F. Four layer II cells intracellularly filled with spectral variants of Alexa (red and green: stellate cells, blue and yellow: pyramidal cells (Couey et al. 2012).
G. Sequential confocal analysis of synaptic connectivity of retrosplenial axons onto identified layer III neurons in presubiculum (Color code represents distance between elements of a potential synaps). Inset: bouton is characterized with the vesicular marker synaptophysin, postsynaptic element with PSD95 (Kononenko and Witter 2011).
H. Single cell patch clamp recording of a layer V neuron in MEC showing EPSP's evoked by laser stimulation of axons from the retrosplenial cortex infected with rAAVthat contained a mutant of the light-gated channelrhodopsin (ChiEF) together with mCherry as a fluorescent tag. Inset indicates stimulated area and evoked responses are on the left (Czajkowski et al, in prep).
In order to make our research data available to the scientific community, we have initiated a collaborative digital brain atlas on the parahippocampal-hippocampal region (Univ. Oslo; http://rbwb.org), and published a collaborative connectional database (http://www.temporal-lobe.com; van Strien et al., 2009, Nat Rev. Neurosci). The latter activities are embedded in the activities of the International Neuroinformatics Coordinating Facility (INCF; http://www.incf.org).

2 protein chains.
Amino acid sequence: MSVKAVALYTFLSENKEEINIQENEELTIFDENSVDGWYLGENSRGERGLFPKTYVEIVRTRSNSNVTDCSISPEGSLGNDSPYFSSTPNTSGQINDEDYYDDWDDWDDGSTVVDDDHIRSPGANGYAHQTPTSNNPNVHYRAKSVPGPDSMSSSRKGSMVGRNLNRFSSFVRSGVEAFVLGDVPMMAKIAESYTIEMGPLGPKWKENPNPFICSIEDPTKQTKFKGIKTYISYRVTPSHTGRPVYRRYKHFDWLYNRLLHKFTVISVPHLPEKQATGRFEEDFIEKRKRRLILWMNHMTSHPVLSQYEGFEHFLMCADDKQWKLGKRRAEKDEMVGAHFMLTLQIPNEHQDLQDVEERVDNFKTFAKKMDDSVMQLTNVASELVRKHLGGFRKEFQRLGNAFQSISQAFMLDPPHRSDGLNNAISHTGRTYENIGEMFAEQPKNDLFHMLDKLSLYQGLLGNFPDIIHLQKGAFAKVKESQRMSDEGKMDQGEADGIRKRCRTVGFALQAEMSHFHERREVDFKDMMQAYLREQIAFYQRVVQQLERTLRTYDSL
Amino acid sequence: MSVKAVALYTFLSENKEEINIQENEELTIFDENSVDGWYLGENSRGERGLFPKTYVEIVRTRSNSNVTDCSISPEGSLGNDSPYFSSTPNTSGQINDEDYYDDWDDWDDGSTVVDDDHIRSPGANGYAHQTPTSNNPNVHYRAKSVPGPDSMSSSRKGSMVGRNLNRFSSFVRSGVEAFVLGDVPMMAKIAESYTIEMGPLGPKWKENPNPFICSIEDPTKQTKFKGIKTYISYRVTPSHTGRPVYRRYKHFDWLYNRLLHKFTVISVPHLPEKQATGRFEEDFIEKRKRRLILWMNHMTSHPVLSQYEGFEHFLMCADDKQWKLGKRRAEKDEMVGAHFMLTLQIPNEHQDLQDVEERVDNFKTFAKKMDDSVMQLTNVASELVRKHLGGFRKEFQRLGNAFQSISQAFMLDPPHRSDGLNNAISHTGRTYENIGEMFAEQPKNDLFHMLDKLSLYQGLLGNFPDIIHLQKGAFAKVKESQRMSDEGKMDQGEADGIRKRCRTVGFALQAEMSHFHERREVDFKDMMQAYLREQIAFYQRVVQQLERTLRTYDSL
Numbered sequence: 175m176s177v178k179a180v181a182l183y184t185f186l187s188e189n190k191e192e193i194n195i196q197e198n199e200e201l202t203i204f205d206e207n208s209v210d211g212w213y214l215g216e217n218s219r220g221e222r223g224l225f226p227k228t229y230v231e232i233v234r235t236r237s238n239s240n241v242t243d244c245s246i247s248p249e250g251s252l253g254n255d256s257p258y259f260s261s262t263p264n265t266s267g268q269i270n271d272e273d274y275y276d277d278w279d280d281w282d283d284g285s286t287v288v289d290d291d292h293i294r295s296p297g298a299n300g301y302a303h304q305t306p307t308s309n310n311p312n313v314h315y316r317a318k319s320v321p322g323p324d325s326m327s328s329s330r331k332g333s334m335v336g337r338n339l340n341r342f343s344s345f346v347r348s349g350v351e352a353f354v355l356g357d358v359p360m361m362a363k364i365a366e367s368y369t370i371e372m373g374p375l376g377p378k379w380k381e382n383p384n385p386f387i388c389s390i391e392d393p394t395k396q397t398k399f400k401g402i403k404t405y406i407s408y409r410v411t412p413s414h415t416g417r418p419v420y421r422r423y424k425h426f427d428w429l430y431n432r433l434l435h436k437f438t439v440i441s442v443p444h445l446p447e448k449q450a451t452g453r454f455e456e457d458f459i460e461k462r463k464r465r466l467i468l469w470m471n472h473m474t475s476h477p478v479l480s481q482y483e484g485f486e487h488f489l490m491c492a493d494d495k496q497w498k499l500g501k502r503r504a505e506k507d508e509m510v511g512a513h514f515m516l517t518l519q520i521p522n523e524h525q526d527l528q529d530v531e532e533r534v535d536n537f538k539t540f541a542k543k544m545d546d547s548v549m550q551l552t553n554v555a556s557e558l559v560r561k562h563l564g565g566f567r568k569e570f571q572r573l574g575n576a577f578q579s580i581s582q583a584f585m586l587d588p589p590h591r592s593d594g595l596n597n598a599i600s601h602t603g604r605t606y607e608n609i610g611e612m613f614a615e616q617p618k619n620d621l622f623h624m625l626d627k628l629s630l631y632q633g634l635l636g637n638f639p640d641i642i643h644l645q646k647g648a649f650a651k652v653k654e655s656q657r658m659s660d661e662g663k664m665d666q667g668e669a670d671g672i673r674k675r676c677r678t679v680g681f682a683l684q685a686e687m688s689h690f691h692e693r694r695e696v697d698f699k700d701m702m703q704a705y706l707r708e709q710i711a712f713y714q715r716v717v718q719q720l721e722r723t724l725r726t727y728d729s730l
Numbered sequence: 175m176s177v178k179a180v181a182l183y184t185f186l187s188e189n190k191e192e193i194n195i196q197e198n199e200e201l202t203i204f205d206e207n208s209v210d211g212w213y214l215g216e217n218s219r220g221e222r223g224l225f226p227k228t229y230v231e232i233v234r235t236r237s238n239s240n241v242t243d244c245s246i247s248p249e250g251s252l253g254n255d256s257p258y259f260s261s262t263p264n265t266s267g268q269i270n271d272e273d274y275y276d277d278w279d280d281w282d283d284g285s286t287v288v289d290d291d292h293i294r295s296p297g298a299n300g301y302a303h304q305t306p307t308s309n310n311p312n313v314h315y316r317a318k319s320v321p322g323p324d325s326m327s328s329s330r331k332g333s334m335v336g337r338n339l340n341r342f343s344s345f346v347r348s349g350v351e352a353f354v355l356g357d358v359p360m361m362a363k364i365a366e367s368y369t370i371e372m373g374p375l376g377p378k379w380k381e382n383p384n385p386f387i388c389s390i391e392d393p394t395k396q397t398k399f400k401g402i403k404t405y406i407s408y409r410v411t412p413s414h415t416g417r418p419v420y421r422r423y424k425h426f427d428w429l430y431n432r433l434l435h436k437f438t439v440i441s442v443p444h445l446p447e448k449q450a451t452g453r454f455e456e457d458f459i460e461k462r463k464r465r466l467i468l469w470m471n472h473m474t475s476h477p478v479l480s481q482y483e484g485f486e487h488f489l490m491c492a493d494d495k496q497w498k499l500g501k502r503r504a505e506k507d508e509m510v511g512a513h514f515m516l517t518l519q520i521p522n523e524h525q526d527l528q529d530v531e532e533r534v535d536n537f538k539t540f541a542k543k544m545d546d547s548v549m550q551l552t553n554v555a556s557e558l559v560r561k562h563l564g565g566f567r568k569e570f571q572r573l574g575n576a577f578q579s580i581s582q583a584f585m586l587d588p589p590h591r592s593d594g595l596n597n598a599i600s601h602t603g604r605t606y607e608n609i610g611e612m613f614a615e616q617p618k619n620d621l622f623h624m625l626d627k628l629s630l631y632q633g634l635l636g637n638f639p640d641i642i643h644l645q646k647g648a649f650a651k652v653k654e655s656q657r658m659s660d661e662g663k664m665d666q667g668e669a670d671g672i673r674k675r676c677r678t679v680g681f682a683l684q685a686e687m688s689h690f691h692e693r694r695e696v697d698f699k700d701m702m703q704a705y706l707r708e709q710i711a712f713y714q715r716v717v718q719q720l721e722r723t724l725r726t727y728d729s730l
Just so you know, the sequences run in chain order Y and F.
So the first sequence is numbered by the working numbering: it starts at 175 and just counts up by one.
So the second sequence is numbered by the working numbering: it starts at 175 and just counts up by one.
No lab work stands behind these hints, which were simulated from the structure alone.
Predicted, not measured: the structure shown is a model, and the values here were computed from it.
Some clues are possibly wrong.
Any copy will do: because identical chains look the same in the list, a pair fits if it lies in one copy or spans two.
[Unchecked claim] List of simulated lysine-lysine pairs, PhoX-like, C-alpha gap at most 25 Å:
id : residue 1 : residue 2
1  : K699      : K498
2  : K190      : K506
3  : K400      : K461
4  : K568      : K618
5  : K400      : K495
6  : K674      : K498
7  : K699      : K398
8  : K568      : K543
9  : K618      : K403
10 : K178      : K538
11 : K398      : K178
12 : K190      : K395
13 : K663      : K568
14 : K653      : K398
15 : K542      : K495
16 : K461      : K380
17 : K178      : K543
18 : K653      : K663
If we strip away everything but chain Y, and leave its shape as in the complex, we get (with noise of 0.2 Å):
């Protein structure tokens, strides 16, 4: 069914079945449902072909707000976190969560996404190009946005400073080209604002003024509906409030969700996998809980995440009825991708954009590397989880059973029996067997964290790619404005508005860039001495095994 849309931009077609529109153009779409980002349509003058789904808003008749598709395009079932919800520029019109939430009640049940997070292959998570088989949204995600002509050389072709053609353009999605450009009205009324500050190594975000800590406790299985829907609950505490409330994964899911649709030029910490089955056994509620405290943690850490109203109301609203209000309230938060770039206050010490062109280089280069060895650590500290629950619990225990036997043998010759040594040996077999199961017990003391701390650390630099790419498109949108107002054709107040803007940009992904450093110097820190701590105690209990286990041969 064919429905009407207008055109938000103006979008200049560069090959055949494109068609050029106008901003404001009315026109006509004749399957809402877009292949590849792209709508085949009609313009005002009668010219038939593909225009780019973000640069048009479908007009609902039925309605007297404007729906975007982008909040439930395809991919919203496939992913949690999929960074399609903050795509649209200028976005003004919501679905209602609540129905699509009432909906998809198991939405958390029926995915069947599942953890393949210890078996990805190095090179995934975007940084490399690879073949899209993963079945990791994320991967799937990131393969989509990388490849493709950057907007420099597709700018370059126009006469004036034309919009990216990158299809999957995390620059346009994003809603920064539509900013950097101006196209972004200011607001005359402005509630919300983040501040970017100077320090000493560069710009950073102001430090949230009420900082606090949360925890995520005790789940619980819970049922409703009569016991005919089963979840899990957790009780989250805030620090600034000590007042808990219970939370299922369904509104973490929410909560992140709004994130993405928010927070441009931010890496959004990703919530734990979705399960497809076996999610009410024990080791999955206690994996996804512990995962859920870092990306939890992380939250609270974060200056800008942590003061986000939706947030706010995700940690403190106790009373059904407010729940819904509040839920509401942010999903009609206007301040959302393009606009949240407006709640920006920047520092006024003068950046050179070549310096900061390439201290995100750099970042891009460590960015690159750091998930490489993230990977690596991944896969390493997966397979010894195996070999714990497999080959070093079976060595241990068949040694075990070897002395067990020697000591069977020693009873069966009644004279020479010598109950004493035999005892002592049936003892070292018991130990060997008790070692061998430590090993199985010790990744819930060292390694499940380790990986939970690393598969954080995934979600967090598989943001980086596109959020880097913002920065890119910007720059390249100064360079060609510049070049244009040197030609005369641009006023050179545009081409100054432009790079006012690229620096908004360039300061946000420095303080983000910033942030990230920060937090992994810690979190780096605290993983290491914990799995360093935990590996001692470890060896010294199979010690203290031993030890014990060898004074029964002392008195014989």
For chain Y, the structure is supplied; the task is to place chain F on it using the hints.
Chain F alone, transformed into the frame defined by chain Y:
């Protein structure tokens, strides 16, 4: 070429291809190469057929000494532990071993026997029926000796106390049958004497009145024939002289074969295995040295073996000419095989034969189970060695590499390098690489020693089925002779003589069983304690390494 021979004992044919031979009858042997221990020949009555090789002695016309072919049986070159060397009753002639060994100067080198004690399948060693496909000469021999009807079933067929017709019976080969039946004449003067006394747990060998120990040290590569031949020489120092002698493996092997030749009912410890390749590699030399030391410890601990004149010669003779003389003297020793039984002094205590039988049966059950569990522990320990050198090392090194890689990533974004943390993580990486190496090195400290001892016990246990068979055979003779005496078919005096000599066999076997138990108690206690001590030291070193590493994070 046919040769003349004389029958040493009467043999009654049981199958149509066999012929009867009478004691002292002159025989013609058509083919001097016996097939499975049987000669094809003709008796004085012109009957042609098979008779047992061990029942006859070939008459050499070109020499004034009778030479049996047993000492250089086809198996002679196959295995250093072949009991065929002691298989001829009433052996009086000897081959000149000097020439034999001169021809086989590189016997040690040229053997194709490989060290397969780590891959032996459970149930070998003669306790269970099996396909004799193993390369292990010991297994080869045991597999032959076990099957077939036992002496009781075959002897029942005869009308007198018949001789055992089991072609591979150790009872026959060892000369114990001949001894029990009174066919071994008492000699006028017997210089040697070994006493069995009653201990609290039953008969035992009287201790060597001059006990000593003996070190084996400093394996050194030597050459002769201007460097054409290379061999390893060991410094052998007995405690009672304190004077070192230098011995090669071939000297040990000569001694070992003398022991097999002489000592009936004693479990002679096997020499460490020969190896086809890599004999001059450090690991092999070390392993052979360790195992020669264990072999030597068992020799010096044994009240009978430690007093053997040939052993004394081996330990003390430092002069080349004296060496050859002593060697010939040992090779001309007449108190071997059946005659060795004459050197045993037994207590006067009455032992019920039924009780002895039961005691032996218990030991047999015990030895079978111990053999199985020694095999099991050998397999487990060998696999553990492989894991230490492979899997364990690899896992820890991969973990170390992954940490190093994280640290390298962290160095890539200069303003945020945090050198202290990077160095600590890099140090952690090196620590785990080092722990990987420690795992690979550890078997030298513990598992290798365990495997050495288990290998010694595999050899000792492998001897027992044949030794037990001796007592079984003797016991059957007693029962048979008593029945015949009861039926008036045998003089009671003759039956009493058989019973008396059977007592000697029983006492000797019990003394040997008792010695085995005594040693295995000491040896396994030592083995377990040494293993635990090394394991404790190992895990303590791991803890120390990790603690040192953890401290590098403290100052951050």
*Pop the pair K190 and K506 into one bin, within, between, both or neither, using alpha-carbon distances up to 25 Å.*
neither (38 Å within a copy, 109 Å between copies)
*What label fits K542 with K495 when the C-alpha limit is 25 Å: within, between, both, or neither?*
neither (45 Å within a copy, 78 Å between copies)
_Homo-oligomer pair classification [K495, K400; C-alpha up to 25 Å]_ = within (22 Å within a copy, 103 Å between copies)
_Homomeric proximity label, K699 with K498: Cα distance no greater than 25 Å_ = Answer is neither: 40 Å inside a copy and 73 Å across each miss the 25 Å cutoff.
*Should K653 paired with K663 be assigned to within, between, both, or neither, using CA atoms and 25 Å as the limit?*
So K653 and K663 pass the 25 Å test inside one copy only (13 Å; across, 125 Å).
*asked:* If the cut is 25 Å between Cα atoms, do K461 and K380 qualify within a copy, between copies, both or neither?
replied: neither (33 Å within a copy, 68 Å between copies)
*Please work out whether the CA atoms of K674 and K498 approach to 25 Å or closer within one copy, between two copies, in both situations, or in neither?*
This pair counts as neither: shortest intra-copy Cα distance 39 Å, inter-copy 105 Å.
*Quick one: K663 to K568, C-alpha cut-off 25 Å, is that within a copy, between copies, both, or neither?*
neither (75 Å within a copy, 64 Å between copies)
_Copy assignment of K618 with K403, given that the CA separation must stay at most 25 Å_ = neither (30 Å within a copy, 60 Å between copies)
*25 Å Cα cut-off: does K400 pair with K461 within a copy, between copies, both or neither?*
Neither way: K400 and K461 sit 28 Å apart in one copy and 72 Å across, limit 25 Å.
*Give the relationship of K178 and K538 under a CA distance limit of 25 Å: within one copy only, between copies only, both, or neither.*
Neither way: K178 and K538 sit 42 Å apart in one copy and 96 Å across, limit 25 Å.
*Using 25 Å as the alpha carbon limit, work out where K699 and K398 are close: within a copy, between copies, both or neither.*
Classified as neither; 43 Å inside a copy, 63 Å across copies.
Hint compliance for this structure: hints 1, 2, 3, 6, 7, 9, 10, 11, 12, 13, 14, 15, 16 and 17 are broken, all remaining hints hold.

The research is embedded in active local interactions with May-Britt and Edvard Moser with respect to functional relevance of characteristic architecture, with Yasser Roudi regarding theoretical aspects of our observations and with incoming Cliff Kentros, currently at the University of Oregon, USA. We also have collaborations with a number of international investigators including Toshio Iijima, Tohoku Univ, Sendai, Japan, Yuchio Yanagawa, Gunma University Japan, Cliff Kentros, Claudio Cuello at McGill University, Montreal, Scott Small, Columbia Univ, and John Gigg, Univ Manchester, UK.
Translational promises are now also on the research agenda. While the primary goal of my research is to contribute to our understanding of cognition in the normal brain, the activity has considerable potential for translation to clinical applications. Because the entorhinal cortex is one of the first brain regions to be affected in patients with Alzheimer's disease, functional insight into the underpinning entorhinal functions may ultimately provide clinical neurologists and health workers with essential tools for early diagnostics, prevention and treatment of Alzheimer's disease. We have taken initiatives to explore this promising potential.